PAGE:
It remains to be seen if it passes into law, or how it will hold up during the process, but housing industry groups say an agreement has been hammered out for renewing the federal flood insurance program. Both the National Association of Home Builders (NAHB) and the National Association of Realtors® (NAR) say they have been working with the House Financial Services Committee on parameters, for, in the words of NAHB, "A viable, long-term flood insurance reauthorization bill that will keep the National Flood Insurance Program (NFIP) fiscally sound and enable home builders to provide safe and affordable housing to consumers."
A flood insurance policy is required of homeowners who live in certain Federal Emergency Management Agency (FEMA) designated flood plains and have a mortgage issued by any federally charted financial institution. The program provides $1.25 trillion in coverage for about 5 million policyholders nationwide. Policies are issued by private insurers but are backed by FEMA. Because not all homeowners are required to carry the insurance, risk is not shared over various levels of risk. NFIP was authorized by an act of Congress in 1968 and has been reauthorized periodically since then.
The current reauthorization would be through the "21st Century Flood Reform Act." NAR said changes to the legislation have cleared the way for their endorsement of the bill.
The Chicago Tribute, after the recent flooding in Illinois, reported that the federal program is indebted to the U.S. Treasury for $24.6 billion after massive payouts for damages caused by Hurricane Katrina, Superstorm Sandy, and other recent and devastating floods. NFIP is paying $400 million in interest on that debt.
Flood insurance premiums do not reflect the true cost of the program and policies are not only backed by FEMA, they are federally subsidized. The last reauthorization of the program in 2012, the Biggert-Waters Flood Insurance Reform Act, required NFIP to raise premium rates to reflect true risk.
While Biggert-Waters grandfathered existing policies, albeit with a gradual reduction of those subsidies, new policies were issued at a full risk-based rate. This caused immediate disruption in coastal and other flood-prone areas. In 2013, MND wrote about one homeowner, in Pinellas County, Florida, who purchased a future retirement home in 2012 and paid a $3,300 premium for his first year of coverage. When he received his next bill, it was for $24,300. Congress quickly rolled back the risk-based premium requirement, but it continues to hang over the real estate market in lower elevation areas.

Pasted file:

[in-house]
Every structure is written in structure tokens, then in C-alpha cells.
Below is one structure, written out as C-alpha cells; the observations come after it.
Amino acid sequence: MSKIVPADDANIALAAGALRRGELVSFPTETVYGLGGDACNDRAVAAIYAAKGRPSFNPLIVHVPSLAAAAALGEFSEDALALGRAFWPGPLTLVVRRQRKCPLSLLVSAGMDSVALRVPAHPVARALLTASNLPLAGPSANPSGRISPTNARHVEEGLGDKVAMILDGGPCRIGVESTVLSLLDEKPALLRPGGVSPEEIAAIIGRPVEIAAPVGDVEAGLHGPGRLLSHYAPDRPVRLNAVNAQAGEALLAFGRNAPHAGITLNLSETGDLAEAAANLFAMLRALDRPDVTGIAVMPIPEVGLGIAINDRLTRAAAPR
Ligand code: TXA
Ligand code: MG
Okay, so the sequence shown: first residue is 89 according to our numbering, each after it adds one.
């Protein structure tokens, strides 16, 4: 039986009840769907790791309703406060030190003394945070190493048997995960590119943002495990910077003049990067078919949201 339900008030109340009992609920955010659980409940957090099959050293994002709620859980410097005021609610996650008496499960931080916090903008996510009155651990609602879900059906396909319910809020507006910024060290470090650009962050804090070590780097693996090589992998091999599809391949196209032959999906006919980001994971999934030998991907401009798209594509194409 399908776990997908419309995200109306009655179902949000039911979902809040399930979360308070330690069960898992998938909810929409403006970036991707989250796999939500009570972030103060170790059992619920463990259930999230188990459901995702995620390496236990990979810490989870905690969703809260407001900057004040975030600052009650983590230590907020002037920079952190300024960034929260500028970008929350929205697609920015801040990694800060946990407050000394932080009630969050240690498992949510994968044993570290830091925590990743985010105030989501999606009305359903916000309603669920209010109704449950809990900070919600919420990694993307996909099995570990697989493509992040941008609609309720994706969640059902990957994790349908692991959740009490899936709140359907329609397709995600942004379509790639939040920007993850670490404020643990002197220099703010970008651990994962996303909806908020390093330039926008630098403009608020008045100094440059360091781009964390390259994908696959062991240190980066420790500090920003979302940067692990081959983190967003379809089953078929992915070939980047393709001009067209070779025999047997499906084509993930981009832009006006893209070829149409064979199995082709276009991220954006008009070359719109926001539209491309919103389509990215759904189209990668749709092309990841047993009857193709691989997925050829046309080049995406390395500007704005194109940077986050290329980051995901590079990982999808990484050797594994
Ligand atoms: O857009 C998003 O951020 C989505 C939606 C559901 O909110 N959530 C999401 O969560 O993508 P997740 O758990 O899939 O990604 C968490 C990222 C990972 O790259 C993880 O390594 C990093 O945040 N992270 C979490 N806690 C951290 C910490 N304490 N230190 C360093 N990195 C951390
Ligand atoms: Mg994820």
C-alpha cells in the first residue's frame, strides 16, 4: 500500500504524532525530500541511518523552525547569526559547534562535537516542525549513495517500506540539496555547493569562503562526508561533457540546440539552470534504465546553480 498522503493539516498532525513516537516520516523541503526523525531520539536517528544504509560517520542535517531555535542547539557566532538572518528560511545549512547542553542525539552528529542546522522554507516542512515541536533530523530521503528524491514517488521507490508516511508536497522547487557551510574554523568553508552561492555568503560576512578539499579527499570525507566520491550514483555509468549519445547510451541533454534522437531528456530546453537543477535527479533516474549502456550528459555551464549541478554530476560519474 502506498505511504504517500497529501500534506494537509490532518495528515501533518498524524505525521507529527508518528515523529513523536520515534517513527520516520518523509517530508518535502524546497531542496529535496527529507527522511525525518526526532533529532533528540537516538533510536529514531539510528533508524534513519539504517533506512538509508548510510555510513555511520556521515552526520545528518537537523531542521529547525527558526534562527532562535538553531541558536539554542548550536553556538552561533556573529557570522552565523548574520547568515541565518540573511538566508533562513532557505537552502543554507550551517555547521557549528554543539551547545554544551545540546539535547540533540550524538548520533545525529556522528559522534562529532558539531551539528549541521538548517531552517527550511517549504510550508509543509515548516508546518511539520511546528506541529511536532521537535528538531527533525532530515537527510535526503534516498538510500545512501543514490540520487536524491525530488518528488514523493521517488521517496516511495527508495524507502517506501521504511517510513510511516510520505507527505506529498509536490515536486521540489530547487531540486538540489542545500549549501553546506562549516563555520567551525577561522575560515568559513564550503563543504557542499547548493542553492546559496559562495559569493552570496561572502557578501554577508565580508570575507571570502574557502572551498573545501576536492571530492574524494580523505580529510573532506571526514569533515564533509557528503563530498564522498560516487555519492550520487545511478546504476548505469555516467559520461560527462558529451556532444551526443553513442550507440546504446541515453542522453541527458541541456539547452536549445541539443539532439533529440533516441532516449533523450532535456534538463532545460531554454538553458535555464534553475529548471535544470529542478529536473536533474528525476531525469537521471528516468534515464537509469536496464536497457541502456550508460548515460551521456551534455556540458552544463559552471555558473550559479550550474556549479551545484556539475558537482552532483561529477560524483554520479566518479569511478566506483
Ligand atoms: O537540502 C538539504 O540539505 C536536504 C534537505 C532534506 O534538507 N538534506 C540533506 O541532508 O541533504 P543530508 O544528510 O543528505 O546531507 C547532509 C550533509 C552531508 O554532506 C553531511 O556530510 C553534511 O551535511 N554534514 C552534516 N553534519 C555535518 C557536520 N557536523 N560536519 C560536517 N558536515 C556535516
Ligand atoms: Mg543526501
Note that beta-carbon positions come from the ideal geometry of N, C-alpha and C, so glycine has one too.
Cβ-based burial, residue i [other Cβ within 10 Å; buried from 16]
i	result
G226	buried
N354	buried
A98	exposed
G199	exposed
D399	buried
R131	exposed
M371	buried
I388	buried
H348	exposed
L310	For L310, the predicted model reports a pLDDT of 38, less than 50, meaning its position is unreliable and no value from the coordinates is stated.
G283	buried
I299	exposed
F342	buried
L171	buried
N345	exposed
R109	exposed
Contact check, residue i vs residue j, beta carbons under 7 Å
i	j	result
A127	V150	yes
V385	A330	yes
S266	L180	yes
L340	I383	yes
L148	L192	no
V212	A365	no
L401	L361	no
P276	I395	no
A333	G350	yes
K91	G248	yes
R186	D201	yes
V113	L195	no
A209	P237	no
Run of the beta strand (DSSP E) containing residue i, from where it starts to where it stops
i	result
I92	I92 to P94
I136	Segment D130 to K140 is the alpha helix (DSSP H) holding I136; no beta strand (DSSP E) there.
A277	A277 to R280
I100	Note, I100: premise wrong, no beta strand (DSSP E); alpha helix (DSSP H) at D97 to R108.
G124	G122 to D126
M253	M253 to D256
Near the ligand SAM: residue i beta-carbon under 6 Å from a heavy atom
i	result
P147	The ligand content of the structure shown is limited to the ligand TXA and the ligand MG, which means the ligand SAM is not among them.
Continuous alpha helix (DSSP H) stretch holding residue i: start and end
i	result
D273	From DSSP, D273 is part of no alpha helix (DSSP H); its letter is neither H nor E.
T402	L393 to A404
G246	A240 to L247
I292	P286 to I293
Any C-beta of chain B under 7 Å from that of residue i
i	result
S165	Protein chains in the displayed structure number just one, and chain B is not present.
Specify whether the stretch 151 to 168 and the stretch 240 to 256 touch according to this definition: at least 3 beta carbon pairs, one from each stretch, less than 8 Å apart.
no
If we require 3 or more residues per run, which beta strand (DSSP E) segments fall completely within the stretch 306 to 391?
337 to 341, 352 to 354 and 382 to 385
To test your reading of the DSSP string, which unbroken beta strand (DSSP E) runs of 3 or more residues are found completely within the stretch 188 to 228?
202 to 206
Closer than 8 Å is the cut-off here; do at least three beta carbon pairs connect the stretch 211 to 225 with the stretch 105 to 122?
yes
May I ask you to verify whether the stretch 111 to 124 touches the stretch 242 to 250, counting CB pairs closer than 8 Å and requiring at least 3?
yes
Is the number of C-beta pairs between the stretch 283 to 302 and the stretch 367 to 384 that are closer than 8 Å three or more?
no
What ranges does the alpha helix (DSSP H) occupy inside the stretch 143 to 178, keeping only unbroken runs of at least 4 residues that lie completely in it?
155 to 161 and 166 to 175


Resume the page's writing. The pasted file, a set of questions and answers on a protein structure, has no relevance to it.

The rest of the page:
Among the Financial Services Committee's proposed changes that are supported by the housing groups are:
- Elimination of a provision that would have ended NFIP coverage of new homes constructed in the 100-year floodplain;
- Ensuring that "grandfathering" will remain for all policyholders if their risk changes when FEMA periodically revises its flood plain mapping.
- Raises the annual premium floor for rate increases from its current 5 percent level to 6.5 percent rather than the 8 percent originally proposed.
The changes laid out in press releases from NAHB and NAR do not appear to address the problem of premium increases when properties change hands. There are anecdotal reports that uncertainty over this issue is already impacting real estate sales in some coastal areas.
NAHB Chairman Grant MacDonald said, "NAHB commends House Financial Services Chairman Jeb Hensarling and Housing Subcommittee Chair Sean Duffy for their leadership in working with us to produce a bill that will preserve rate affordability, shore up the NFIP and address the concerns of the housing community. With the NFIP set to expire on Sept. 30, we urge the House to pass this bill quickly."
NAR President William E. Brown, said, "This legislation protects taxpayers, as well as homeowners, which is no easy task. The September 30 reauthorization deadline still looms in front of us, and Realtors® are eager to see this legislation progress quickly. Leaders on both sides of the aisle are well aware that this issue touches 22,000 communities - in every state, both coastal and inland. We're grateful for the committee's support and look forward to their continued efforts on behalf of homeowners."